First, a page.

Richard Jewell, who was working as an Olympic security guard, spotted the knapsack that contained the bomb, and called it to the attention of the police. he also started moving visitors away from the area. But Jewell was later identified in an article in The Atlanta Journal as the subject of police attention. He spent what he called "88 days of hell" from the night he found the bomb in Centennial Park to the day he was cleared in the investigation, nearly three months fearing he would be arrested for a crime he didn't commit. His mother, whom he shared an apartment with during that time, used the same words 16 years later. "I don't think the television was shut off for the 88 days he was in the apartment. I call it 88 days of hell. If I ever write a book, that's what it's going to be." Jewell died at age 44 in 2007. The New York Times, in its obit, led with the headline Richard Jewell, 44, Hero of Atlanta Attack, Dies
Barbara Jewell (Richard Jewell's mother): To this day, even though he's deceased [Richard Jewell died of natural causes in August 2007], his wife [Dana] takes a yellow rose and puts it [where Alice Hawthorne was killed] in honor of her, and she does one for Richard. Richard would go down on the night of the 27th, whenever it happened, he would wait until the park almost closed and put a rose in memory of [Hawthorne].
Scott: It hurts my heart that somebody like that [Rudolph] is out there doing those things in the name of some sort of twisted belief. It wrecked that thing for everybody. It just kind of put a taint on it.
Jewell: I personally would like to hang him [Rudolph], instead of my taxes paying to keep him alive.
Davis: Before the bombing, I know we had over 100 people involved in security at the park. It probably more than doubled after the bombing.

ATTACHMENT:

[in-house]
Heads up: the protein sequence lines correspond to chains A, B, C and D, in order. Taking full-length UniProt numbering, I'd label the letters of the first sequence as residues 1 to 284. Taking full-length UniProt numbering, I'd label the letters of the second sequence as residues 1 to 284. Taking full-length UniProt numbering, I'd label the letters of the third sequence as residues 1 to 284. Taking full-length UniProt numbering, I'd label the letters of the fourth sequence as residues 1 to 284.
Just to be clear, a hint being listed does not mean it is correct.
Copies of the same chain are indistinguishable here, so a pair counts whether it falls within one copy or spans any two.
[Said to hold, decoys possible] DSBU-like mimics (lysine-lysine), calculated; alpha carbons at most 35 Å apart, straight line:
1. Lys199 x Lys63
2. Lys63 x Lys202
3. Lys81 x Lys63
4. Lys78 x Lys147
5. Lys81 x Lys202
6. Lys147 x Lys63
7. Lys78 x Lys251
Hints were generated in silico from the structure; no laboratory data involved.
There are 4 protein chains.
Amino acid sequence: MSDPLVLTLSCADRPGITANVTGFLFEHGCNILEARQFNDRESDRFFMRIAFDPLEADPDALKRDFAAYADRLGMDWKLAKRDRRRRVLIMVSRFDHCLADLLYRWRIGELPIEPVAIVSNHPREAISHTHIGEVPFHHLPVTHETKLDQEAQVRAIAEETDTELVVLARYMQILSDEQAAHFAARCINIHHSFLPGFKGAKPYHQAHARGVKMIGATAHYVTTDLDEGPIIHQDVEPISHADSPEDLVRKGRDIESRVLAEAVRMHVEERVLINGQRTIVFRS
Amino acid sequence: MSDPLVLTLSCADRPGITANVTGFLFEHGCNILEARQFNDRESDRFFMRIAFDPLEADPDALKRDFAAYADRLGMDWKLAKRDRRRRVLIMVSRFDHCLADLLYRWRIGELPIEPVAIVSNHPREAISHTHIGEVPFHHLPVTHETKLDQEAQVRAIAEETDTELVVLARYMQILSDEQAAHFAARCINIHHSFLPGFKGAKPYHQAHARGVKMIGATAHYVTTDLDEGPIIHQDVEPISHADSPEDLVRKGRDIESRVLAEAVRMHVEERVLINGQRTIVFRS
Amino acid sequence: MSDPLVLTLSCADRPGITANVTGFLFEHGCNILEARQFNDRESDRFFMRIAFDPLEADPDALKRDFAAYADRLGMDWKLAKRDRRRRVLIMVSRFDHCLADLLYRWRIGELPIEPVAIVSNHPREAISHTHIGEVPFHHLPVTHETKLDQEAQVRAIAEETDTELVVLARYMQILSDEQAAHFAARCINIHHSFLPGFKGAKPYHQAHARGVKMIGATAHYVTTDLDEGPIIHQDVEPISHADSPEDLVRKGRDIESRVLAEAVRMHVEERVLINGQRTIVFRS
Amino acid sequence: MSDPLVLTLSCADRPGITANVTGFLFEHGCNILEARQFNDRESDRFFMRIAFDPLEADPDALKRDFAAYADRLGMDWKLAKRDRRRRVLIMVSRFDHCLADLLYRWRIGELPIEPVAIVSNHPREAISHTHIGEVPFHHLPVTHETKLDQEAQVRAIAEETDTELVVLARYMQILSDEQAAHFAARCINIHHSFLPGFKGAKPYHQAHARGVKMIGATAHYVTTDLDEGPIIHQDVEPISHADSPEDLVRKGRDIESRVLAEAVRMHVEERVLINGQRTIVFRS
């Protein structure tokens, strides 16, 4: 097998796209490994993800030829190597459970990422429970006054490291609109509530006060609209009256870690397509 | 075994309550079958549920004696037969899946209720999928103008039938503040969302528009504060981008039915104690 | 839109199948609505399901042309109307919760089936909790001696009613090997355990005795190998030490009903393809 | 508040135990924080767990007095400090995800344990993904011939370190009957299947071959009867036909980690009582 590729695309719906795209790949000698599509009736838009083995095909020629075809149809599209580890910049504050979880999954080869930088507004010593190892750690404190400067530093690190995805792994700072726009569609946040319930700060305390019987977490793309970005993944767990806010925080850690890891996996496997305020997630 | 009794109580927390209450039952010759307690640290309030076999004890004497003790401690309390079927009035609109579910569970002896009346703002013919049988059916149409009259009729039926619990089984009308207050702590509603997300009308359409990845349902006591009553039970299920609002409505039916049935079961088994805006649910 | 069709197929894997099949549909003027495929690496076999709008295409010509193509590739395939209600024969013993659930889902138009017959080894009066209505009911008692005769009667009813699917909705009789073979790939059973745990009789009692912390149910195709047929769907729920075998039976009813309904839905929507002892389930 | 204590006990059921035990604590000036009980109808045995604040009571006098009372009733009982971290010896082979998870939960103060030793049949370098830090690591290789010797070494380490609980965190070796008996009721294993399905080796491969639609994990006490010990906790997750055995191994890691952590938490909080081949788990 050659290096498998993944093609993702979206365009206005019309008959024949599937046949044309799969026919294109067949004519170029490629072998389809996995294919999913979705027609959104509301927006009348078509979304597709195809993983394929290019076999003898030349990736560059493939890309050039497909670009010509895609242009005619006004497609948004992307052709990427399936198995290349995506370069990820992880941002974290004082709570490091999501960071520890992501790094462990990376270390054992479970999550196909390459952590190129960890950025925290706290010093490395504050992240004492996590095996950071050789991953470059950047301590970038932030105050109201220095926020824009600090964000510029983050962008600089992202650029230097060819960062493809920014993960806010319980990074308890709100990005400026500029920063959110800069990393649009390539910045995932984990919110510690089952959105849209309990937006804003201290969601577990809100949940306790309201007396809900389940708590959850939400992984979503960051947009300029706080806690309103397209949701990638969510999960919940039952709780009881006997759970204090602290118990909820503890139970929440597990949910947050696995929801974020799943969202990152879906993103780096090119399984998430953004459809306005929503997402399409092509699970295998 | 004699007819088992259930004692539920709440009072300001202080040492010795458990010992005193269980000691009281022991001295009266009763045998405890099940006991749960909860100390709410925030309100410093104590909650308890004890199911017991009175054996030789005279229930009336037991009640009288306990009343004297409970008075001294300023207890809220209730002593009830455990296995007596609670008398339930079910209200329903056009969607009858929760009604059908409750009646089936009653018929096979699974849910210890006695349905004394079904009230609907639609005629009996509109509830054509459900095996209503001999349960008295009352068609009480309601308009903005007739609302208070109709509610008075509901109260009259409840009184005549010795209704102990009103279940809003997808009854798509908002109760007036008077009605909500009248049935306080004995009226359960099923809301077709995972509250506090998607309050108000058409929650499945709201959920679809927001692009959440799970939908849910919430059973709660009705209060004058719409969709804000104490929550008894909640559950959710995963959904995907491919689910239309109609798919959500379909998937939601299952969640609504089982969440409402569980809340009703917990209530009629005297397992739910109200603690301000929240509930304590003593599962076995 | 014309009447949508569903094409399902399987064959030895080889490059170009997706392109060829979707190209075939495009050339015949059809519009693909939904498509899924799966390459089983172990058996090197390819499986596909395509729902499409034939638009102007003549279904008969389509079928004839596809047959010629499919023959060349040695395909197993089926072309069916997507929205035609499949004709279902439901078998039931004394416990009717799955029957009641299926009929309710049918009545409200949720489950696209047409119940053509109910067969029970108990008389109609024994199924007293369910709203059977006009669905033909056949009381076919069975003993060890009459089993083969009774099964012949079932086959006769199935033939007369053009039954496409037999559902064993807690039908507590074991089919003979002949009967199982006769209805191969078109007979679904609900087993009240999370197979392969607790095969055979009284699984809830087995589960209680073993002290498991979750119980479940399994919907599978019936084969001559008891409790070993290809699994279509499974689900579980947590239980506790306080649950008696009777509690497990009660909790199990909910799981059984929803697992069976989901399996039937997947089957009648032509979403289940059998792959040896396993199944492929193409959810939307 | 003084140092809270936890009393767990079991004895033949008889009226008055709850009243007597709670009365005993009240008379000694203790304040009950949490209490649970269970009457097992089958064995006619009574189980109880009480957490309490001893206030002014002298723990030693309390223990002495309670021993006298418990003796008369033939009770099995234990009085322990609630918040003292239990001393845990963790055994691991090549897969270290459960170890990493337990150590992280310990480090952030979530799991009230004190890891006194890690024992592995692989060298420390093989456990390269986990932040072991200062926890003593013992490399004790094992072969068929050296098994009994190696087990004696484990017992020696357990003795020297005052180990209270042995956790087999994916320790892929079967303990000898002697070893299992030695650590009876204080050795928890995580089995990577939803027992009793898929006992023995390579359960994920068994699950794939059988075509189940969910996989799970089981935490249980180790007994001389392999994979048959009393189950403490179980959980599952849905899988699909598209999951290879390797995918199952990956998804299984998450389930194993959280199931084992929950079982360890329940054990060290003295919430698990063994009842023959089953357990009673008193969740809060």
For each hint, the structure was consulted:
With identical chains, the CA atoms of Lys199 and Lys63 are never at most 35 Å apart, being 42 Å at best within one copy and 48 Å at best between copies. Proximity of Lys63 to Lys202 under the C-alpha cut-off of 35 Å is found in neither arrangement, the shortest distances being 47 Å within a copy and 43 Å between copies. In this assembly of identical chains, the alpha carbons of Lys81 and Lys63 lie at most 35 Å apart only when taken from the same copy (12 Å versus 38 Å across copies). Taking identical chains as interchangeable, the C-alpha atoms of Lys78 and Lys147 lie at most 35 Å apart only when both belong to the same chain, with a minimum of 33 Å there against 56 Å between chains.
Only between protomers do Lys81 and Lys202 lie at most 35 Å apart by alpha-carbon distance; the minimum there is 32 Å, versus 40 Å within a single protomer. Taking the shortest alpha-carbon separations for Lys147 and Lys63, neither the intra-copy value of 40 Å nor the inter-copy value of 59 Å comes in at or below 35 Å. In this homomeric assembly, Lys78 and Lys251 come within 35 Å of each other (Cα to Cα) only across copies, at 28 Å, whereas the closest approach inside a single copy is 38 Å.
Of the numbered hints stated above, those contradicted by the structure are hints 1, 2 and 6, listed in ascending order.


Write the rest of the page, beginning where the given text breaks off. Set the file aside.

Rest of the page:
Payne: One of the most profound moments of my life came that morning. I walked into the Thomas Murphy Ballroom at the Georgia World Congress Center. That's where the volunteers signed in every day. I walked in there, and almost all 5,000 volunteers were there. Not just the shift that was due to report, but all of the volunteers. I can't even describe how my knees were shaking. It was an attempt to state that no one will be allowed to disrupt this wonderful celebration that was had been having for the previous week. This great display of humanity coming together, despite all that otherwise divides us. Up until that moment, the park had been the greatest manifestation of that.
Sixteen years later, it's hard to find any markings of that night walking through the busy areas of 21-acre Centennial Olympic Park. The area is now known as the Quilt of Remembrance, and it borders the East fence of the park, hidden by trees, bushes and the hum of Centennial Olympic Park Drive traffic. The quilt is a mosaic of stones in the center of a diamond-shaped plaza -- 111 stones for the 111 people injured that night -- surrounded by etched quotes from Bill Clinton, Billy Payne and this from Andrew Young, "We will remember ... not hatred, not bitterness, not alienation ... but joy and happiness ... We still love this park."